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Seeds of Truth: A Response to Michael Specter's Article in The New Yorker
I am glad that the future of food is being discussed, and thought about, on farms, in homes, on TV, online and in magazines, especially of The New Yorker’s caliber. The New Yorker has held its content and readership in high regard for so long. The challenge of feeding a growing population with the added obstacle of climate change is an important issue. Michael Specter’s piece, however, is poor journalism. I wonder why a journalist who has been Bureau Chief in Moscow for The New York Times and Bureau Chief in New York for the Washington Post, and clearly is an experienced reporter, would submit such a misleading piece. Or why The New Yorker would allow it to be published as honest reporting, with so many fraudulent assertions and deliberate attempts to skew reality.
Seeds of Doubt contains many lies and inaccuracies that range from the mundane (we never met in a café but in the lobby of my hotel where I had just arrived from India to attend a High Level Round Table for the post 2015 SDGs of the UN) to grave fallacies that affect people’s lives. The piece has now become fodder for the social media supporting the Biotech Industry. Could it be that rather than serious journalism, the article was intended as a means to strengthen the biotechnology industry’s push to ‘engage consumers’? Although creative license is part of the art of writing, Michael Specter cleverly takes it to another level, by assuming a very clear position without spelling it out.
Specter’s piece starts with inaccurate information, by design.
“Early this spring, the Indian environmentalist Vandana Shiva led an unusual pilgrimage across southern Europe. Beginning in Greece, with the international Pan-Hellenic Exchange of Local Seed Varieties Festival, which celebrated the virtues of traditional agriculture, Shiva and an entourage of followers crossed the Adriatic and travelled by bus up the boot of Italy, to Florence, where she spoke at the Seed, Food and Earth Democracy Festival. After a short planning meeting in Genoa, the caravan rolled on to the South of France, ending in Le Mas d’Azil, just in time to celebrate International Days of the Seed.”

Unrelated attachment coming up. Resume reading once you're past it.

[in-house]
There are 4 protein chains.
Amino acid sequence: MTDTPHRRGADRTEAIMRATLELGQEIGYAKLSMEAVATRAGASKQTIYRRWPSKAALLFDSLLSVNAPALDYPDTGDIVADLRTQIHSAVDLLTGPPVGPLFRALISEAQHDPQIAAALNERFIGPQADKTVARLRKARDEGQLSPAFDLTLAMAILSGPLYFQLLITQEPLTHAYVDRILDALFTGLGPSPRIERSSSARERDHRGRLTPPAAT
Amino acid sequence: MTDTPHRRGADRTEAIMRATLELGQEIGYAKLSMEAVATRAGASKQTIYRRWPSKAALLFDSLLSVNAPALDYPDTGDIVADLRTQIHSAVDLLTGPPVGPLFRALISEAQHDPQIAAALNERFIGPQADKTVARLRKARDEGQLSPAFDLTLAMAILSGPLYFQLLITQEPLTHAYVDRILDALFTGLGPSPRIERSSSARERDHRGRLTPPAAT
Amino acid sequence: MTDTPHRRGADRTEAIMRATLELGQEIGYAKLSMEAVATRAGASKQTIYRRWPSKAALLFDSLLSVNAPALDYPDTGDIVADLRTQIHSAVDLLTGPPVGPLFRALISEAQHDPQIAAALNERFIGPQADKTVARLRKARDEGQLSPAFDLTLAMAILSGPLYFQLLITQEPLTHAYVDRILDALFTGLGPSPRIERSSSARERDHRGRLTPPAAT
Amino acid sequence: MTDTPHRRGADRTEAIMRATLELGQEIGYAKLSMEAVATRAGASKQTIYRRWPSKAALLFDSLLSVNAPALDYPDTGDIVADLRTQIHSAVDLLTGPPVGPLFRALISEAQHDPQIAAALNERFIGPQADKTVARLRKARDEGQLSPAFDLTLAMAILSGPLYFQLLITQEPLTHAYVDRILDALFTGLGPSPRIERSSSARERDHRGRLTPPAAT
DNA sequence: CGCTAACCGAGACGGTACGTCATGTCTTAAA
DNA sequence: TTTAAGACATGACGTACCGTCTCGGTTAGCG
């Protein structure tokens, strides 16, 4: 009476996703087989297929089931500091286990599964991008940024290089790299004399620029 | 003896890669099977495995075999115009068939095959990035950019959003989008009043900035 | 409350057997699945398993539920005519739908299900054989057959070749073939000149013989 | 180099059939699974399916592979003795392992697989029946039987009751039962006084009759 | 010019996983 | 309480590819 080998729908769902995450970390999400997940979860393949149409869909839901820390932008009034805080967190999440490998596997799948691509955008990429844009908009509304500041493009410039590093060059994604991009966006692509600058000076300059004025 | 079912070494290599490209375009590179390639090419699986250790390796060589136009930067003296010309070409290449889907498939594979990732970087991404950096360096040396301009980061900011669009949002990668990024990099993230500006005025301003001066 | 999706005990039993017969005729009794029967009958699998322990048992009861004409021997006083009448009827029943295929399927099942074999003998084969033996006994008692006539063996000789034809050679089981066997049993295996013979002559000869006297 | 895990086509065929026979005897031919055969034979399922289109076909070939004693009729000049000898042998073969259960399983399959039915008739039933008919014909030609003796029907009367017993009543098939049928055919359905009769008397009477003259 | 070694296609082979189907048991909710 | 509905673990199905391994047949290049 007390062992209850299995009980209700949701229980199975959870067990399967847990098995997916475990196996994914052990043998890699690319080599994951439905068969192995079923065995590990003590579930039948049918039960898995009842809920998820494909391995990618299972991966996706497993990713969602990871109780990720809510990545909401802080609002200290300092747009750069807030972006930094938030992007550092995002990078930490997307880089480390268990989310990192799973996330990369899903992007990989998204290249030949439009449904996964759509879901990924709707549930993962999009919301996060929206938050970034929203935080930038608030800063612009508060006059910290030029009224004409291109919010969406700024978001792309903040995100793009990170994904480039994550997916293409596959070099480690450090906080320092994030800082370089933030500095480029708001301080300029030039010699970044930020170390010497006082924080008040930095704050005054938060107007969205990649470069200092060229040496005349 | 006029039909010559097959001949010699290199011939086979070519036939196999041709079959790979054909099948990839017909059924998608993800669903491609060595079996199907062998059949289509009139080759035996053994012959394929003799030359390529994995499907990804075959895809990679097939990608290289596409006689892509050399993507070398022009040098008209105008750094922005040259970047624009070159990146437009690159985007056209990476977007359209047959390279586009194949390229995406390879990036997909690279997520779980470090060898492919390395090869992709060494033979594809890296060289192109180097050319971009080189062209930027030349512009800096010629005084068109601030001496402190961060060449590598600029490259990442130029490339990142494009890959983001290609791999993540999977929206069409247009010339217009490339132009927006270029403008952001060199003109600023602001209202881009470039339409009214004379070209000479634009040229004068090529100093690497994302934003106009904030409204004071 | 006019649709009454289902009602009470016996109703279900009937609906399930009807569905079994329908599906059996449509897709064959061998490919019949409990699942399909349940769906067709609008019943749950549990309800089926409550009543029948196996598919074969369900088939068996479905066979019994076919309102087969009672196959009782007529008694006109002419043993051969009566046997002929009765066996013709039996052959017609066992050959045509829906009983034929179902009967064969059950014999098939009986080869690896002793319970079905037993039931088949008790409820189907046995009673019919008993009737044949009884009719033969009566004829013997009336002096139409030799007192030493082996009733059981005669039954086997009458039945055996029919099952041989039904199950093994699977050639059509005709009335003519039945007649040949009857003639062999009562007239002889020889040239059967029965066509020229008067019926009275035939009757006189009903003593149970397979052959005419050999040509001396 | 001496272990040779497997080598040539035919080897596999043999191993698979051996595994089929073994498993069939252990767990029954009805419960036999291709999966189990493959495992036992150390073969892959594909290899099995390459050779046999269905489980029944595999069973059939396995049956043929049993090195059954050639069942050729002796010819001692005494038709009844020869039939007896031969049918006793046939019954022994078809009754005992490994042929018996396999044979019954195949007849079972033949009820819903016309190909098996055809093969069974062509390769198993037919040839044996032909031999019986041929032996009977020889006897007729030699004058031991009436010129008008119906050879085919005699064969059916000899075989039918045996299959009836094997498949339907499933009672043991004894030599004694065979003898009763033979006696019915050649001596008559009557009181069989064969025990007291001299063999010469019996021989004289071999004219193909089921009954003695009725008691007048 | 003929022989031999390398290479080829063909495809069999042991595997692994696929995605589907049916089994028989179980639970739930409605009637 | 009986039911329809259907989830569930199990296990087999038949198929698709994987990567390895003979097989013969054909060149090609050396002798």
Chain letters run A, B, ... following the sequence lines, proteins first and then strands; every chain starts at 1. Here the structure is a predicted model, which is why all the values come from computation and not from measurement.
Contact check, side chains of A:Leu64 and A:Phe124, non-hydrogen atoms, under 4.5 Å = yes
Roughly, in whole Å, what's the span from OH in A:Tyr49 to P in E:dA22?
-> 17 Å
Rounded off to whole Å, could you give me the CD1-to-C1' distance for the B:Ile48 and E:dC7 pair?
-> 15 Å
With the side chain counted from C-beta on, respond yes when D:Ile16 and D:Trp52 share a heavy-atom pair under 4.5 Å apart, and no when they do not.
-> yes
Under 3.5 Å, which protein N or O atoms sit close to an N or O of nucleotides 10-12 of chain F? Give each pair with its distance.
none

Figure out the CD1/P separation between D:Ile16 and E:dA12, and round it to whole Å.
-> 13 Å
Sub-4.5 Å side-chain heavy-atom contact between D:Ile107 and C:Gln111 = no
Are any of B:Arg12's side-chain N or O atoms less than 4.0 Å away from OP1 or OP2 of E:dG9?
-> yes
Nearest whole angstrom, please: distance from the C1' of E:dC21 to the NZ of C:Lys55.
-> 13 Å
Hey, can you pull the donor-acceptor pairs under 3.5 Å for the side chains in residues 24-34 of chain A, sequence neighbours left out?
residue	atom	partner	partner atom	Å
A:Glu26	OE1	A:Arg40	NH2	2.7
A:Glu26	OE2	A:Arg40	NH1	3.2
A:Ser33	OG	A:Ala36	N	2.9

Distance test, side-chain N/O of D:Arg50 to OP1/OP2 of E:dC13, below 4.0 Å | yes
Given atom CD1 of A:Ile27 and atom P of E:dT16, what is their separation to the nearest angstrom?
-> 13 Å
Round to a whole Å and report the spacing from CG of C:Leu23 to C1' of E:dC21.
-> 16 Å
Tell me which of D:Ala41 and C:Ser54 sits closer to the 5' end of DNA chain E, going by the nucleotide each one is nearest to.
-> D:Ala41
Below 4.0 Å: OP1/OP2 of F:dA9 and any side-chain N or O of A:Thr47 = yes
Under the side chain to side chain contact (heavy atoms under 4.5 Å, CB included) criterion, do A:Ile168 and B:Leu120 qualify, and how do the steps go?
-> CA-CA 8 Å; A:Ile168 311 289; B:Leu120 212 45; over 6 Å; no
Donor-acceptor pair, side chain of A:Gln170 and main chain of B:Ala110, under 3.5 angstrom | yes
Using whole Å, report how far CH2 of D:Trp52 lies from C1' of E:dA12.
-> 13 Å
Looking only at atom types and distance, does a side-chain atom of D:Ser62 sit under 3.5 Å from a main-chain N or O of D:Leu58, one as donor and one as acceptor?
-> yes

On April 26, at the Deutsches Theater Berlin, one of Germany’s most renowned state theatres. I gave a keynote speech for a conference on the relation of democracy and war in times of scarce resources and climate change. From Berlin I flew into Florence for a Seed Festival organized by the Government of the Region of Tuscany, Italy, The Botanical garden of Florence (the oldest in Europe), Banca Etica and Navdanya. I was joined by a caravan of seed savers, and we carried on to Le Mas d’Azil where we had a conference of all the European seed movements.
It would be convenient in the narrative that Specter attempts to weave, to make this exercise look like a joyride of "unscientific people on a 'pilgrimage.'" Writing about the European governments, universities and movements accurately would not suit Specter’s intention because the strong resistance (including from governments) to GMOs in Europe is based on science.